Monday, November 24, 2014. AARON HUMES Reporting: Approaching the final deadline for payment of fees for high school students to take the
Caribbean Examination Council’s (CXC) Caribbean Secondary Education Certificate (CSEC), Belize’s Ministry of Education has decided to extend its plan to pay fees for up to six subjects to all students who applied through a means survey developed by the Ministry of Human Development.
The Government of Belize announced plans last year to pay the costs to take six examinations under the program for students who qualified under a special test conducted in conjunction with the Ministry of Human Development.
Approximately 58% of the more than 2,000 students who applied were accepted and the others given a chance to appeal their findings.
But with time running out, the Ministry of Education has agreed to take on all the students and pay in their costs.
Minister of Education Patrick Faber noted that the deadlines were extended up to last week Friday even to include those who belatedly applied and all of those will be covered.
Concerns were raised that the means survey test, which also serves as a measurement tool for the Ministry of Human Development’s programs such as the BOOST conditional cash transfer and food pantry program, was too invasive and sensitive for some families to answer, and that the Ministry should simply just provide the funding without a need to gather information.
The Minister said that culture of refusing to depend on the Government needs to change where the need is there and that the survey was not intended to be political in nature, merely to establish who qualified for assistance.
Those taking more than six subjects are responsible for the balance of fees paid.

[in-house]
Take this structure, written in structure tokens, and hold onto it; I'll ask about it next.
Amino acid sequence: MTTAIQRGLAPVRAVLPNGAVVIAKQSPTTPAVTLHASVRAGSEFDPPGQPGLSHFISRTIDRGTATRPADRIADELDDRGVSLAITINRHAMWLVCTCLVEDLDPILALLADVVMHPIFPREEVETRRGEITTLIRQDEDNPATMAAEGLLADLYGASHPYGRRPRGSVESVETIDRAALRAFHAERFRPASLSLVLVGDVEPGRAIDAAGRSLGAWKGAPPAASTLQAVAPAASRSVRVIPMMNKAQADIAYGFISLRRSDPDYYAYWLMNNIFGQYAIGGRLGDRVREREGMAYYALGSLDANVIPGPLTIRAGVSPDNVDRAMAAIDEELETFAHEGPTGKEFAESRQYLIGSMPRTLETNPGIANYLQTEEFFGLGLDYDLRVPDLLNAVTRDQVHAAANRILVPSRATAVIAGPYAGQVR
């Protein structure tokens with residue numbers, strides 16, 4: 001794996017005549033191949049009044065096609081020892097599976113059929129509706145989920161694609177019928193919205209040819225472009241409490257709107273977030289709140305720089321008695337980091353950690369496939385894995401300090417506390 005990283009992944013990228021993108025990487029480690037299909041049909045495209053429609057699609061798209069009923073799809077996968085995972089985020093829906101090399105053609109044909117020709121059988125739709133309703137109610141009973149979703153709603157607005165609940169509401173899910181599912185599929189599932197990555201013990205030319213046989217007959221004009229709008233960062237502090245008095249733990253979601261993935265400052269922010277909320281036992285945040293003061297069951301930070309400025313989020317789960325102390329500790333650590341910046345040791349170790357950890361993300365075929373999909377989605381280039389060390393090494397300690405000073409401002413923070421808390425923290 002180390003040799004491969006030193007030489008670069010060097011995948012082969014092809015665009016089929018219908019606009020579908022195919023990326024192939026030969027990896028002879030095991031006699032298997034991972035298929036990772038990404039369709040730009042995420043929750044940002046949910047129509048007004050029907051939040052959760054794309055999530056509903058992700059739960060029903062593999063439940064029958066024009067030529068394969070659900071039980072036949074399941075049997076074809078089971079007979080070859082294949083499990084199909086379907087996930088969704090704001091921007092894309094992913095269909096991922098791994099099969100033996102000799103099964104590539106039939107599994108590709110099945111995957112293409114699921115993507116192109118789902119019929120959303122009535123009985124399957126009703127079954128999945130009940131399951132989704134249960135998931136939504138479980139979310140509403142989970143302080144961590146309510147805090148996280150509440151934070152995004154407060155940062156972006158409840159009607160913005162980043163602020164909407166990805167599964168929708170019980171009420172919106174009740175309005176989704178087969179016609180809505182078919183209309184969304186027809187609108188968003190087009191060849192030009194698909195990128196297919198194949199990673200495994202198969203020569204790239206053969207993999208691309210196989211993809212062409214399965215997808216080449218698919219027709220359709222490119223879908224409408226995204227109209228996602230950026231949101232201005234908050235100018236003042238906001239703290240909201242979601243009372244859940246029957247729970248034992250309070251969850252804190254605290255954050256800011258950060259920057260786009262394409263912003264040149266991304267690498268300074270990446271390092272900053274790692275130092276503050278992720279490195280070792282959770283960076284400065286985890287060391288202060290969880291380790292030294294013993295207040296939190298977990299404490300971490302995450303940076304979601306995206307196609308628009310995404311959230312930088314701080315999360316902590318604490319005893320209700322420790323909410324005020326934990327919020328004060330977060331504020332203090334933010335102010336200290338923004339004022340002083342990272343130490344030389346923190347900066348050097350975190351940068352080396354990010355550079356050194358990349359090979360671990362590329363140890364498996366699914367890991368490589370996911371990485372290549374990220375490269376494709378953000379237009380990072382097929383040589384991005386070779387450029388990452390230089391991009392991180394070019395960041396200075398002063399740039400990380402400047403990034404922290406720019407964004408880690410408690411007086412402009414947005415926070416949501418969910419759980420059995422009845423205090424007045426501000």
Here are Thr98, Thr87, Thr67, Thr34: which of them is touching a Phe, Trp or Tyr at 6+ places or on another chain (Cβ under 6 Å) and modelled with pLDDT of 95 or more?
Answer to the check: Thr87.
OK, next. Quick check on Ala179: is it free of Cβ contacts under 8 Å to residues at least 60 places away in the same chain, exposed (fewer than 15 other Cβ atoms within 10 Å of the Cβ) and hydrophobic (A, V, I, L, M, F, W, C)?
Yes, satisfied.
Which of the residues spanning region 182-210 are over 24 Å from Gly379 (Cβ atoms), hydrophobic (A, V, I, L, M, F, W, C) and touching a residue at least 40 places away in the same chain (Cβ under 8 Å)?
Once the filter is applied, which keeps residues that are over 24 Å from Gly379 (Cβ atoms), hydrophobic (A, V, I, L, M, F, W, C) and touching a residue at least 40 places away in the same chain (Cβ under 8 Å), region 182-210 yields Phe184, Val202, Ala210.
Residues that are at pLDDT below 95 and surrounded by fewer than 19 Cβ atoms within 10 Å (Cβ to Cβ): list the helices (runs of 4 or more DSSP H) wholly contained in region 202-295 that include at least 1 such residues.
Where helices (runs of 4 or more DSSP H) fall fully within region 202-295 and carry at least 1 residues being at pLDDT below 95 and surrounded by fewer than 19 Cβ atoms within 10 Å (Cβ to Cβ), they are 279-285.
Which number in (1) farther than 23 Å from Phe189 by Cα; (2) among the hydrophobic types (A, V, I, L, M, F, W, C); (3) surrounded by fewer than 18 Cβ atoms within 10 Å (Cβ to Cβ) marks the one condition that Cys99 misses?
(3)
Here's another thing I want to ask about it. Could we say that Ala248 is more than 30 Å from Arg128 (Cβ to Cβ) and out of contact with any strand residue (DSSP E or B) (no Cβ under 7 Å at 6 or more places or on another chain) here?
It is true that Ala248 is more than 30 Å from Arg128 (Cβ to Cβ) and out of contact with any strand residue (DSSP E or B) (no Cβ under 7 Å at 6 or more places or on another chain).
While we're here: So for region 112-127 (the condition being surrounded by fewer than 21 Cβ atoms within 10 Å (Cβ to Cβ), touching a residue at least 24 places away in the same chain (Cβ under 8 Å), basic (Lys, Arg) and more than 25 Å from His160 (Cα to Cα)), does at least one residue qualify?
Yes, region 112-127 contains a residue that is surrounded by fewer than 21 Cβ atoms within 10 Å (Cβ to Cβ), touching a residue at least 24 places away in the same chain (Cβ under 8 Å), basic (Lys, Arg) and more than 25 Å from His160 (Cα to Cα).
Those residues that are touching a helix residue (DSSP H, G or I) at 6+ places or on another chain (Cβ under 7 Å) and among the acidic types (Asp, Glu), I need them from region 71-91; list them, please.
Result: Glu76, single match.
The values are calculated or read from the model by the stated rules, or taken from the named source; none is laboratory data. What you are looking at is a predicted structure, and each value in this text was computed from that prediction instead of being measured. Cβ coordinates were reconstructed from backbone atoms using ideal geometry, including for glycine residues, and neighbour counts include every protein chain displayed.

Six is the maximum number, including English A, necessary to obtain a GOB-paid tuition scholarship to a junior college or the University of Belize.
For potential public officers the minimum requirement is three CSEC passes.
Those who paid while waiting for the Government to finalize its plans should expect to get their money back, though Faber said this is dependent on the school in question who may credit it toward other expenses.
The deadline for all payments into the CXC in Barbados is December 12 and examinations are typically held twice a year, though Belizeans take the sitting that coincides with the end of the high school year in May and June.
In a related note, the award ceremony for this year’s crop of CSEC and CAPE candidates is to be held later this week in Orange Walk Town.
In related education news, negotiations are underway for a rebalancing of school fees at the primary and secondary level in conjunction with the Ministry of Education’s initiative for secondary school finance reform.
Today, however, Minister of Education Patrick Faber reported that progress has been slow and it will be another few years before the changes are put into effect.
He estimated that it would take until the 2016-17 school year, including a one-year period for adjustment for schools, before the new structures took effect.
It allows all involved to become used to the changes in store.
Ideally, students with greater financial need would not need to pay school fees at all, Faber said.
The Minister noted that schools, particularly in the South, are benefiting from extra monies saved to repair infrastructure and put in support programs that they would not ordinarily have.
And finally, Belize is wrapping up its presidency of the Central American Integration System (SICA) and last week hosted a meeting of Ministers of Education and Culture.
The holders of those portfolios are Patrick Faber and Hon. Manuel Heredia Jr. and the meeting took place on Heredia’s home island of Ambergris Caye.
The Minister of Education indicated that common policies among Central American countries and collaboration in critical areas were under discussion.
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